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Company Pays $150,000 Over Disability Discrimination Lawsuit

A disability discrimination lawsuit filed by the EEOC

Cloudbeds., a global tech company, will pay $150,000 to resolve a disability discrimination lawsuit filed by the U.S. Equal Employment Opportunity Commission (EEOC).

According to an EEOC press release, Cloudbeds failed to provide an accommodation to Peter St. John, a well-qualified candidate in IT administration who is deaf and uses American Sign Language (ASL) to communicate. Cloudbeds terminated his candidacy on the basis that verbal communication and hearing were job requirements for this position in a remote setting.

However, EEOC determined that this violated the Americans with Disabilities Act or ADA, which mandates employers to engage with job applicants to identify and provide reasonable accommodations. The law prohibits employers from discriminating against qualified applicants based on their disability. The EEOC filed a discrimination lawsuit against Cloudbeds after first trying to reach a settlement through its conciliation process.

What Constitutes Disability Discrimination in the Workplace?

Disability discrimination in the workplace occurs when an employer treats an employee or job applicant unfavorably because of their disability, leading to unfair disadvantages or adverse actions due to their disability status. Several scenarios can constitute disability discrimination in the workplace:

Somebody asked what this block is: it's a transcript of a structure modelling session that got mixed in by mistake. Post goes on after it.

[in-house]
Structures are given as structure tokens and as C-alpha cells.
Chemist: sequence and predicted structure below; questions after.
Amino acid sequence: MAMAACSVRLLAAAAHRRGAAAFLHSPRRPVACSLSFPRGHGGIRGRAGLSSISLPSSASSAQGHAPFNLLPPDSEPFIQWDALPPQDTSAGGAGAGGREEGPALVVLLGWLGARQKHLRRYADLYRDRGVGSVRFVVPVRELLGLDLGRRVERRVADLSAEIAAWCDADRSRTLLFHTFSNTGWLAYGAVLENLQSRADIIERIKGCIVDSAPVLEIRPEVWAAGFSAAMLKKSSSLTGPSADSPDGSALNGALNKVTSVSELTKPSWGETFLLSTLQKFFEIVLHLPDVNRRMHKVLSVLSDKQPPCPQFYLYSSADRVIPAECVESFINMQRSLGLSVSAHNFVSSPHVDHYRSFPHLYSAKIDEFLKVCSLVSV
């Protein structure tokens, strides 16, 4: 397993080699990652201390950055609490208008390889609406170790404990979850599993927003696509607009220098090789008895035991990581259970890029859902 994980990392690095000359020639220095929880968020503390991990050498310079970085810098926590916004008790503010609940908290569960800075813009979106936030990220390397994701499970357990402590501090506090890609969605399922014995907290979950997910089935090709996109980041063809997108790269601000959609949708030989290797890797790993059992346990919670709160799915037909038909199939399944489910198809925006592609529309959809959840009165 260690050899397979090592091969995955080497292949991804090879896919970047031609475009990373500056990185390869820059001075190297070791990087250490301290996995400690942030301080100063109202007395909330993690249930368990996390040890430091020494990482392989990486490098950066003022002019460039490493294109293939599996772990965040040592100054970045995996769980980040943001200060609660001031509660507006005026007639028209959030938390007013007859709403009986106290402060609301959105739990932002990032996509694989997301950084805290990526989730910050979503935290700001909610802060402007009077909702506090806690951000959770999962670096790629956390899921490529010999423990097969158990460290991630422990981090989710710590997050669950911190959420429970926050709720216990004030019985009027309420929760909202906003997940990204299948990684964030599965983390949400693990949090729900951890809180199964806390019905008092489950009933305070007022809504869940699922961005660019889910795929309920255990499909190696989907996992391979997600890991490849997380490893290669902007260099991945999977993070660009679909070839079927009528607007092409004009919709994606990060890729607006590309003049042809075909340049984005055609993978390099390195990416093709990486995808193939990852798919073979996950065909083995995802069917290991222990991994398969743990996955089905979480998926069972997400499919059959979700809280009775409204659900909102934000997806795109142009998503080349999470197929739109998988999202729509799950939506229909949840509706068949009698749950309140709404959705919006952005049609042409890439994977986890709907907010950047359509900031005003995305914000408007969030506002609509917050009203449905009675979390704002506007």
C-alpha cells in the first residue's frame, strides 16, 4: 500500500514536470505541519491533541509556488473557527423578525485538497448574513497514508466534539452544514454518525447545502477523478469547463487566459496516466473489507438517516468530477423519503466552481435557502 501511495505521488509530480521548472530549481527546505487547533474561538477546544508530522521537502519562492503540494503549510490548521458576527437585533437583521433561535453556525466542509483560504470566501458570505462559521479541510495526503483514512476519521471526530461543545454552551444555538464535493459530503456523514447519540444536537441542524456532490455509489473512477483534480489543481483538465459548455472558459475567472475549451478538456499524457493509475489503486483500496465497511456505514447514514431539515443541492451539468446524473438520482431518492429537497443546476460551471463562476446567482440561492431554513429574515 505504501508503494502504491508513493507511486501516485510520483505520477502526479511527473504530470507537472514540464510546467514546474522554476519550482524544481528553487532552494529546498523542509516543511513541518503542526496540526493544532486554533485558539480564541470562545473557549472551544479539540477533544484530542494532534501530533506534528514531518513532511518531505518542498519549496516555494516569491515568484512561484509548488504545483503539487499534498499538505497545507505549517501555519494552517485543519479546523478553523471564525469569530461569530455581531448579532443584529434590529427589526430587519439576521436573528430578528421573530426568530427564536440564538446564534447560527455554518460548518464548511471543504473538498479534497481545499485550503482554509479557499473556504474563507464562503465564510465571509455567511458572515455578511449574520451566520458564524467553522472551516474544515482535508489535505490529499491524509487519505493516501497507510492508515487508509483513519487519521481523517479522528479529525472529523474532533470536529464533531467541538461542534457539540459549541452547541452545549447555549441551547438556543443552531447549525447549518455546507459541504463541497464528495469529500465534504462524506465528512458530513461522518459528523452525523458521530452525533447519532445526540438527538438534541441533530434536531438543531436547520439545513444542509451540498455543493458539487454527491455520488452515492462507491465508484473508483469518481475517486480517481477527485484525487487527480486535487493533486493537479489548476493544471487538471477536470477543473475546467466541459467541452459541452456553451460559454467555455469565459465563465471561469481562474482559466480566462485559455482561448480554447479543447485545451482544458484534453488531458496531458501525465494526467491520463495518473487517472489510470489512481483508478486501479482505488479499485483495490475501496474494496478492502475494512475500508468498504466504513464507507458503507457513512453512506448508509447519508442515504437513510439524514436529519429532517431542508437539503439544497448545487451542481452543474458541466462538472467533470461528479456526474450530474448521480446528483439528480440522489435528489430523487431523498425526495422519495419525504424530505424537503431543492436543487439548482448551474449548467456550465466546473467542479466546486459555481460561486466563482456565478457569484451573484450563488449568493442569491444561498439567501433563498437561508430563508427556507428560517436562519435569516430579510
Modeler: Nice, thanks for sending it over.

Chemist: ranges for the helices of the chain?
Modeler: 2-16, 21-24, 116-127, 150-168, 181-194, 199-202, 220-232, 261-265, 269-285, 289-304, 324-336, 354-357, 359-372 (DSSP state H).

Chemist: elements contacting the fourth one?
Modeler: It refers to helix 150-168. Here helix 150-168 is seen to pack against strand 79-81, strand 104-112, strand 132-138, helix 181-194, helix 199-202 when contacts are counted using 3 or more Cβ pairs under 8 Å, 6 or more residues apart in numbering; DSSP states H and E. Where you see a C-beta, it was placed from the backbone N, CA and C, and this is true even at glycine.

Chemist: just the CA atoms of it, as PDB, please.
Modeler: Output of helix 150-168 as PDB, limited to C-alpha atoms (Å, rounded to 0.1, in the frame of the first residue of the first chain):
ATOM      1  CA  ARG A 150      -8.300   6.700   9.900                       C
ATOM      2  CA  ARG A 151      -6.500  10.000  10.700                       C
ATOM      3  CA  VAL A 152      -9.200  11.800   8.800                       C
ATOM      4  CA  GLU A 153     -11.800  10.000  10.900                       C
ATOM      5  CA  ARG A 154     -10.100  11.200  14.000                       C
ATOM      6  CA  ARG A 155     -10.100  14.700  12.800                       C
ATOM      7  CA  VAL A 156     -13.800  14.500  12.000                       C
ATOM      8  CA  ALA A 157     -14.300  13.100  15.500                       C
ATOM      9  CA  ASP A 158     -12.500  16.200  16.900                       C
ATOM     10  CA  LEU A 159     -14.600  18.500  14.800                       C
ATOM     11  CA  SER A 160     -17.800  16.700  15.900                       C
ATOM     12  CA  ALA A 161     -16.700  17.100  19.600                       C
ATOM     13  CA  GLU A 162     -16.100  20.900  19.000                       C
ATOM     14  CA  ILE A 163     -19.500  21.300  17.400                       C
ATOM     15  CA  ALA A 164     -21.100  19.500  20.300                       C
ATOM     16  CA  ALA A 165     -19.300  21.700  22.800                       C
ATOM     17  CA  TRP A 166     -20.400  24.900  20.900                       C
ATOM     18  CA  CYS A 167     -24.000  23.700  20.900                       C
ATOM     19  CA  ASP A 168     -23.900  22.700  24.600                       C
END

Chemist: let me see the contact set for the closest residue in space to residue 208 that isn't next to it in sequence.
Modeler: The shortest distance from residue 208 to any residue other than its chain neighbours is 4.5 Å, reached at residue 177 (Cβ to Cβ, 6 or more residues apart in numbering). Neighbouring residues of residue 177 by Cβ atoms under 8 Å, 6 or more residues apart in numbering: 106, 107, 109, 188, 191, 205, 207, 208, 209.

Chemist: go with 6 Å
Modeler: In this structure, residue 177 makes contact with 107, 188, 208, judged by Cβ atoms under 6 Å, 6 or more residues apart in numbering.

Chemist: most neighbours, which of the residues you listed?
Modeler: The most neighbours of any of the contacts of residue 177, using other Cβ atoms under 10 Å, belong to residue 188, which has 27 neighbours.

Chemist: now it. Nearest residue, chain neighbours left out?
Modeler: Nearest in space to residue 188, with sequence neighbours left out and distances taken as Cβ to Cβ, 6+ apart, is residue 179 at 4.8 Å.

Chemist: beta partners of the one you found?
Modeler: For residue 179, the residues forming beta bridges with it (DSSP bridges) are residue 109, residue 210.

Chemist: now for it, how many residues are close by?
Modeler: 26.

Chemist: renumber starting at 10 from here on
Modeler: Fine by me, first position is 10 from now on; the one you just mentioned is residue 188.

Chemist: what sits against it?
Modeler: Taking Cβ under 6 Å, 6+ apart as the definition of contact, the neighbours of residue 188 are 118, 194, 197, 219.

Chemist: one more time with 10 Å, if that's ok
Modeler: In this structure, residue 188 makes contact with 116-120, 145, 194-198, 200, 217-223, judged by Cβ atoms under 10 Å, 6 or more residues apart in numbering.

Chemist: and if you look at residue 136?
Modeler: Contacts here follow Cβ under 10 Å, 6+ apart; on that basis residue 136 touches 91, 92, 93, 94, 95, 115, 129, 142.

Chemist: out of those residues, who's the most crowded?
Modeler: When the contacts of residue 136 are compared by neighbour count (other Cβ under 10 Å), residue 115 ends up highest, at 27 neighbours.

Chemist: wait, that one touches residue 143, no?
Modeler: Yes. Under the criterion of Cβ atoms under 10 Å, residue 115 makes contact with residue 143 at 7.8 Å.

Failure to provide reasonable accommodations: Employers are required, under laws such as the ADA in the United States, to provide reasonable accommodations to qualified employees with disabilities. Discrimination can occur if an employer fails to make reasonable adjustments that would enable the employee to perform their job effectively, unless providing such accommodations would cause undue hardship to the employer.

Hiring and promotion discrimination: Refusing to hire or promote a qualified individual solely based on their disability status constitutes discrimination. Similarly, segregating or limiting job assignments based on disability rather than skills or qualifications is discriminatory.

Harassment: Subjecting an employee to harassment, mockery, or offensive remarks related to their disability is a form of discrimination. This includes creating a hostile work environment due to the person’s disability.

Termination or retaliation: Firing, demoting, or retaliating against an employee for asserting their rights under disability discrimination laws or requesting reasonable accommodations is unlawful.

Unfair policies and practices: Having policies or practices that disproportionately affect employees with disabilities and do not have reasonable justifications can be discriminatory. For instance, inflexible attendance policies that fail to consider disability-related absences.

Employers must engage in an interactive process with employees requesting accommodations and make efforts to reasonably accommodate their needs. The ADA and similar laws aim to protect employees from disability discrimination in the workplace, ensuring equal opportunities and fair treatment for individuals with disabilities.

What to Do If You Are Facing Disability Discrimination in the Workplace